Notes Toward a Lunar New Year Trip to the South Gobi with the Library Director, a Bunch of Monks, and a Golden Buddha Statue to Open a New Stupa at the World's Energy Center
In Gandan monastery's off-room, I begin to wonder how long the lamb will be there. The monks don't say anything. Some of them stare at the Sprite bottle on the table. Guests must eat a mutton dumpling or no one gets to. The monk's wife is Korean. The first book I see in the large bookshelves is a Russian Sexual Bible. Also books in English called "Erotica" and "Sexual Intimacy."
Two monks heft the golden Buddha, sitting gold and the size of a man from his place at the head of the table of silent monks taking the occasional sweet milk curd.
A large TV blares in the room where things are cooled, next to a room with the kind of squat-toilet common in China.
Outside walks an orange-cloaked women, which I suppose is how females dress for the cold. Drapes and drapes of yellow-orange. Steam sweeps off the frozen puddles outside.
We drive out of the monastery compound. The building under construction juts out like a pregnant woman over a deserted Sukhbaatar Square. The members of Parliament who are part of our seven-car caravan change out of their deels and into Playboy parkas.
Stopping outside a gas station on the edges of the ger districts, air reeking of gasoline, the monks, Parliament members, and businessmen stand in the -20 cold, passing each other jade and onyx bottles filled with deep yellow tobacco powder that tickles the sinuses. It's something they do with their right hands, each passing their bottle to the other at once so the bottles clack together and slide past one another within the two walls of hands. Sometimes they just touch a nostril to it and give it back. Around them the ubiquitous landscape of Mongolia begins to open out, dirty dogs shivering their way across the empty lot beyond which three large cows lumber underneath the power lines. Occasionally, the men without hats press their hands over their ears.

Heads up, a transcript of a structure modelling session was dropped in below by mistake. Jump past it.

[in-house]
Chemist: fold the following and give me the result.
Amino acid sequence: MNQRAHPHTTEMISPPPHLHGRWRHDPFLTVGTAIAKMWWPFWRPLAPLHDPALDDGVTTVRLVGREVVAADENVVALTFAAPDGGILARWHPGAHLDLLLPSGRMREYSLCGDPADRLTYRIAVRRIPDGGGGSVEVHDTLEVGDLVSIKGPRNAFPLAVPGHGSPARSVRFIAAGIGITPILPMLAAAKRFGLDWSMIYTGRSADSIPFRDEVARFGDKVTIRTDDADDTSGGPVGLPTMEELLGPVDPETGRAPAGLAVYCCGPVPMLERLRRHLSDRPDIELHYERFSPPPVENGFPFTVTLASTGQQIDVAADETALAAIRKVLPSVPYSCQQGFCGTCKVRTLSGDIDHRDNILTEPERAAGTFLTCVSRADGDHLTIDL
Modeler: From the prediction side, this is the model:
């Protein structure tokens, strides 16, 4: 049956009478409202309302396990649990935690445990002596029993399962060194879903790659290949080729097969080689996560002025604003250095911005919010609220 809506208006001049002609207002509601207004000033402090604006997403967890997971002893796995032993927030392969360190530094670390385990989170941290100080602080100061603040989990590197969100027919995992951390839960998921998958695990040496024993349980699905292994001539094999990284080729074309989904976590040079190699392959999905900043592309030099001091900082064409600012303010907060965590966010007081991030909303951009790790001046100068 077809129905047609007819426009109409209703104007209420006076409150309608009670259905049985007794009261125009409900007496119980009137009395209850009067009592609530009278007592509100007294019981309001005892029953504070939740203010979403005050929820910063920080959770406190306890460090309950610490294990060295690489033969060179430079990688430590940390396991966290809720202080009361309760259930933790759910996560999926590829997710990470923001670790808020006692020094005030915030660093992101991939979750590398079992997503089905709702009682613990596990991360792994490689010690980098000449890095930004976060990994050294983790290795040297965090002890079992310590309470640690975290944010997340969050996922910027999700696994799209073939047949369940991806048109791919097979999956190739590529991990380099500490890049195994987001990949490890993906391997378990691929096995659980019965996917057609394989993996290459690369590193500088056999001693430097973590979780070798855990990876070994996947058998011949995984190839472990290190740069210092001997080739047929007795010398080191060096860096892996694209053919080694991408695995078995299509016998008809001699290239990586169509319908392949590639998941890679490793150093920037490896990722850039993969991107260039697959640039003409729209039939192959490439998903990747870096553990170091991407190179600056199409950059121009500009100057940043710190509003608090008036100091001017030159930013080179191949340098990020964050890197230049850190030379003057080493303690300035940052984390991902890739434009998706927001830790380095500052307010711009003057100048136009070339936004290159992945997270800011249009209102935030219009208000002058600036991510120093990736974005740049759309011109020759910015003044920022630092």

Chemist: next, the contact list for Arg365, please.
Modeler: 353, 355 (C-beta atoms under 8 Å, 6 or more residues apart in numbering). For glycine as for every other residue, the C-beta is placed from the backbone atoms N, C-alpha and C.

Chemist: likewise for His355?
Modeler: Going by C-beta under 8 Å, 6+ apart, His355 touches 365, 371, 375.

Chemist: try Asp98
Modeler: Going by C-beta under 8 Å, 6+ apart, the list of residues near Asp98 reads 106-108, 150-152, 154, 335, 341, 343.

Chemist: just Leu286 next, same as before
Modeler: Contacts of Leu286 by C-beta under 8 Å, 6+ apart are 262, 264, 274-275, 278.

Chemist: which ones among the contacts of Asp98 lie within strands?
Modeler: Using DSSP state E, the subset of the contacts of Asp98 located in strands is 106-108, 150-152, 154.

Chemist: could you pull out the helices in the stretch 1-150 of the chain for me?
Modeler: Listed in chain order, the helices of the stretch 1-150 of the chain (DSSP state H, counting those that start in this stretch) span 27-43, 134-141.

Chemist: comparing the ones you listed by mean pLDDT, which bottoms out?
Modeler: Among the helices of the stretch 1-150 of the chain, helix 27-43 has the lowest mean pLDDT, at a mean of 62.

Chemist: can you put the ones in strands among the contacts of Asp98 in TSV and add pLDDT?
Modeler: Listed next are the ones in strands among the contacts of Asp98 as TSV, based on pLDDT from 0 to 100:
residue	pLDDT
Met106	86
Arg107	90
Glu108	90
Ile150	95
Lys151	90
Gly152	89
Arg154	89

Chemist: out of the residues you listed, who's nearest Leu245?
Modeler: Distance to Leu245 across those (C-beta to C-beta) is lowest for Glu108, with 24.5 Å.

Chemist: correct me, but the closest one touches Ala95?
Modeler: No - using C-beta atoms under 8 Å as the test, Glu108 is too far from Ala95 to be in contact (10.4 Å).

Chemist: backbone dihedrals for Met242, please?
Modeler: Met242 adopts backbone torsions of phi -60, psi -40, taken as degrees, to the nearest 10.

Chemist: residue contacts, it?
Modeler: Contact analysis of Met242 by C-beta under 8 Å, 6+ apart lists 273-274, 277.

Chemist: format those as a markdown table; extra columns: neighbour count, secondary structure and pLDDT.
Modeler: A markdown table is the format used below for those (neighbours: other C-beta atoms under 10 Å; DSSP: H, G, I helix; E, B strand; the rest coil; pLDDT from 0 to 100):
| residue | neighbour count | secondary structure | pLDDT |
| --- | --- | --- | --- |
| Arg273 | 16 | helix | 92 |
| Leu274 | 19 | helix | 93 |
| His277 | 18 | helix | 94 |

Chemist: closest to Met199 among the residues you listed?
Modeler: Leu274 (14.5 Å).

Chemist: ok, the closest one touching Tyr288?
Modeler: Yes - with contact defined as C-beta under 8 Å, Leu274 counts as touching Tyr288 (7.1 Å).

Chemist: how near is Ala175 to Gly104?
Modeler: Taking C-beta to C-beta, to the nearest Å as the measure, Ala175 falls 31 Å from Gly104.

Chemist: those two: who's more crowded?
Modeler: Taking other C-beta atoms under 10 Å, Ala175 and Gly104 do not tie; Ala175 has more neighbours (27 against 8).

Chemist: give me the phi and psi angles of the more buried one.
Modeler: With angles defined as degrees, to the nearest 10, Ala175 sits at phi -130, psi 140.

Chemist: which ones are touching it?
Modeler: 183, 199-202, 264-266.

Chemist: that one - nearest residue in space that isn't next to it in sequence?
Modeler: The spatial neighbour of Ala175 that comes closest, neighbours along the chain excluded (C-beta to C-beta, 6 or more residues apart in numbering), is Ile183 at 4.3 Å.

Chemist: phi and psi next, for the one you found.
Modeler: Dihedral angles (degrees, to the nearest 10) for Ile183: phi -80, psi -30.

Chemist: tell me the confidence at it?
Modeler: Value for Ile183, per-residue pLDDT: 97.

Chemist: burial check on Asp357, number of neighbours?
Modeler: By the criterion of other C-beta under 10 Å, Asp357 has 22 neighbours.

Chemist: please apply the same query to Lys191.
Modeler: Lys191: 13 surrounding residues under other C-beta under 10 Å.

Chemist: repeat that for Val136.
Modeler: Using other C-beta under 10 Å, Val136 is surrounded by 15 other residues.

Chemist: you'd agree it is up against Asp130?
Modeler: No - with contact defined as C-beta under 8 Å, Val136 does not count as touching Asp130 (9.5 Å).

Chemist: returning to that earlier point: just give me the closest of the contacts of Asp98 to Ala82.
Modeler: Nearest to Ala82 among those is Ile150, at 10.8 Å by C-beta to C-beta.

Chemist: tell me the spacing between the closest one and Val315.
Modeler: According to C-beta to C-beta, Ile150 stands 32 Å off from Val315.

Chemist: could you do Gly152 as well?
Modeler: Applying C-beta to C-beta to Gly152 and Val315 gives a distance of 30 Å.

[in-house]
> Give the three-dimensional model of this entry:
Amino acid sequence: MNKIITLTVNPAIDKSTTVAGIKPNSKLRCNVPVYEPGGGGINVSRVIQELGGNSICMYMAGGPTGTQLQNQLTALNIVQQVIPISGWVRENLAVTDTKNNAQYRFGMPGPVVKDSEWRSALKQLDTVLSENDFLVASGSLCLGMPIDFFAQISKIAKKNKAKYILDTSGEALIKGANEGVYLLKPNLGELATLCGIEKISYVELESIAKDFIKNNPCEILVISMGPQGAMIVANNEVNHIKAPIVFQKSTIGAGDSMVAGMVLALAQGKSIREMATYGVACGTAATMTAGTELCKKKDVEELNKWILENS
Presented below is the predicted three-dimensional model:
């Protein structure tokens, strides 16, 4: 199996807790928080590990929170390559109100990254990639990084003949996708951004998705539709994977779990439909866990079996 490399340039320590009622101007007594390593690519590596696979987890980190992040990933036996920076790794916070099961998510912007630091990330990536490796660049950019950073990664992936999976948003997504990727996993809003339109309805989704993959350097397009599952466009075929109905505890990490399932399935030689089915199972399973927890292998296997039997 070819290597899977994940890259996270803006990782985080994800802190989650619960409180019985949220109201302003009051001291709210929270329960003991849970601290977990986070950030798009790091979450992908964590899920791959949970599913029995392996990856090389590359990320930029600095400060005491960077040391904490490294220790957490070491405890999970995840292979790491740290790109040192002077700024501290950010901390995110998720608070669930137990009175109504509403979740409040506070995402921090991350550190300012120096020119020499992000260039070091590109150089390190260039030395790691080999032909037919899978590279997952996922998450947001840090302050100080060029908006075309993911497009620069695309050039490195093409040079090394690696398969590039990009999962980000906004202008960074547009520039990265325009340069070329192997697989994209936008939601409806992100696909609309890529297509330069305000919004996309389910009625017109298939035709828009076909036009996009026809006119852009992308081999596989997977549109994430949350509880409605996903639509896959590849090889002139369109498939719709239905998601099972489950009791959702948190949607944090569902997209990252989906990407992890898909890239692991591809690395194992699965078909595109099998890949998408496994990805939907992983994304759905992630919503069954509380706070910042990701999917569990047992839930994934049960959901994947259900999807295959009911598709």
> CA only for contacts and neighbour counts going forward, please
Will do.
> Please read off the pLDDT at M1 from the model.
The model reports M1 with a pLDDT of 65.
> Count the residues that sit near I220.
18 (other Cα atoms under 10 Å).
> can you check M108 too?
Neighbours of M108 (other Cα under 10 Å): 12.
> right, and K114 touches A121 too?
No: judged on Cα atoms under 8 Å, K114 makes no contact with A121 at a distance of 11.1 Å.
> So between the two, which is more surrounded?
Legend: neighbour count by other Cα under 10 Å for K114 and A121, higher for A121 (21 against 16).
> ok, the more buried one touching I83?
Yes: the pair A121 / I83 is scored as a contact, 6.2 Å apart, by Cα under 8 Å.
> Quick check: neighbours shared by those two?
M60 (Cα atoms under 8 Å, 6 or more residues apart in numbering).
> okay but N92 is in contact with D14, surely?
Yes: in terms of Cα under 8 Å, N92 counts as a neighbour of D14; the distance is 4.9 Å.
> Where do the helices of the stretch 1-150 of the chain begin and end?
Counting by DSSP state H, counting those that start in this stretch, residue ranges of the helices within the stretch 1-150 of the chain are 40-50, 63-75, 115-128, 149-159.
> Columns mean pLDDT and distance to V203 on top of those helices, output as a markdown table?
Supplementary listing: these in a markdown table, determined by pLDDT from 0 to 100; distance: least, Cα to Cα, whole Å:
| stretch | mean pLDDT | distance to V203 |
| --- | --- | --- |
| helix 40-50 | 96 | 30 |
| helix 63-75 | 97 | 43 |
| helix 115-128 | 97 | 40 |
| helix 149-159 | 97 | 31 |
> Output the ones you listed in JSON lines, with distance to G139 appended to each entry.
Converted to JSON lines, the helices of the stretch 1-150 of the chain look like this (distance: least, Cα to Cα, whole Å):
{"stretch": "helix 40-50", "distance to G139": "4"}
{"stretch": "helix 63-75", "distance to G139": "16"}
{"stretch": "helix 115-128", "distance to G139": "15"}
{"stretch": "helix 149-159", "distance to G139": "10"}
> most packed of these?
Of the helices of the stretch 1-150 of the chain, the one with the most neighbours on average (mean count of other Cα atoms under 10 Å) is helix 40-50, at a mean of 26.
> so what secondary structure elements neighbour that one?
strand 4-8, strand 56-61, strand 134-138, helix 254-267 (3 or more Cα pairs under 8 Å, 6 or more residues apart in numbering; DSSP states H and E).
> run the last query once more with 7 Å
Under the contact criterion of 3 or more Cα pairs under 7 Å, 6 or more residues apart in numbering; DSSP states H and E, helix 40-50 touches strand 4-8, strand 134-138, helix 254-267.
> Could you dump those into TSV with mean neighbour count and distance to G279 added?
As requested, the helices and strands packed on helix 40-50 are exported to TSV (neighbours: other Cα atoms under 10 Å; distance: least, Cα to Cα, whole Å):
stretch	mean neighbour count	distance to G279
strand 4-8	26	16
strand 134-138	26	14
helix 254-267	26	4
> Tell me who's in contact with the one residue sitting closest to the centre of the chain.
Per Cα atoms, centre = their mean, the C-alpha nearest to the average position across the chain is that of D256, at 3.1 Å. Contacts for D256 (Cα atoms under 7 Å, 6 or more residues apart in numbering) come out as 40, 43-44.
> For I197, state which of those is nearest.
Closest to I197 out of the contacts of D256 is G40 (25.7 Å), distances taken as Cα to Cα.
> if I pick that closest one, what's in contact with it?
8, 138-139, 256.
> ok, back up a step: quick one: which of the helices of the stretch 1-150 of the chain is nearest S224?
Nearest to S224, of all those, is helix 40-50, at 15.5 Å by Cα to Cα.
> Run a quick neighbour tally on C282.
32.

They laugh robustly over how a few days earlier Akim, the head of a National Library and the guy whose book translation I am editing, gave me too much Tsagaan Sar whiskey to drink--he forgot I was a girl and I forgot most basic facts of the world--and how this led to me not remembering the ensuing visit to my boss Chilaajav's house. Specifically, I woke up on Chilaajav's bed, where his wife had put me, and threw up onto the floor. Don't worry, says the member of Parliament in whose car Akim and I are riding, it's common among Mongolians too. My first Tsagaan Sar when I could drink I did the same thing.
Out along the road three people put their hands out like people do in the city to catch cabs, but it's much much colder here where the buildings and pollution don't keep any warmth down. Maybe it's a bus stop, but there's nothing to demarcate one that I can see.
It only takes an hour south of Ulaanbaatar for there to be more tan than snow, which has shrunk to strips of white. The men spread across the rocky flatness to piss, some flapping their robes open, some standing in jeans. A former peace corps volunteer taught me to flap my jacket around me as I squat. No one told me, however, that -20, -30, -40 on one's exposed parts makes it hard to convince the body to urinate. I turn around--the men have all arranged their standing, smoking semi-circle with their backs to me. I see a woman and her daughter come from the other side of the road, where they had been more discreet than me.
Back in the car Akim breaks out a bottle of vodka, pours some into a silver bowl and rolls the window down to release the vodka for "the god", and it whips up and out in a flash of mist. The Parliament member then swallows nearly a whole bowlful, then Akim does.
He calls them deer. But they're too lithe and pale to be deer. Antelope. Herds and herds of them, quite close to the road, and Akim speculates they're heading north out of the desert for lack of snow. In the front seat the Parliament member moves his prayer beads along through the conveyor belt of his hand, touching each with his thumb. When he sees me looking, he says, 108 beads on an erkh. The praying is related to the counting. You say certain special words many times and then they become.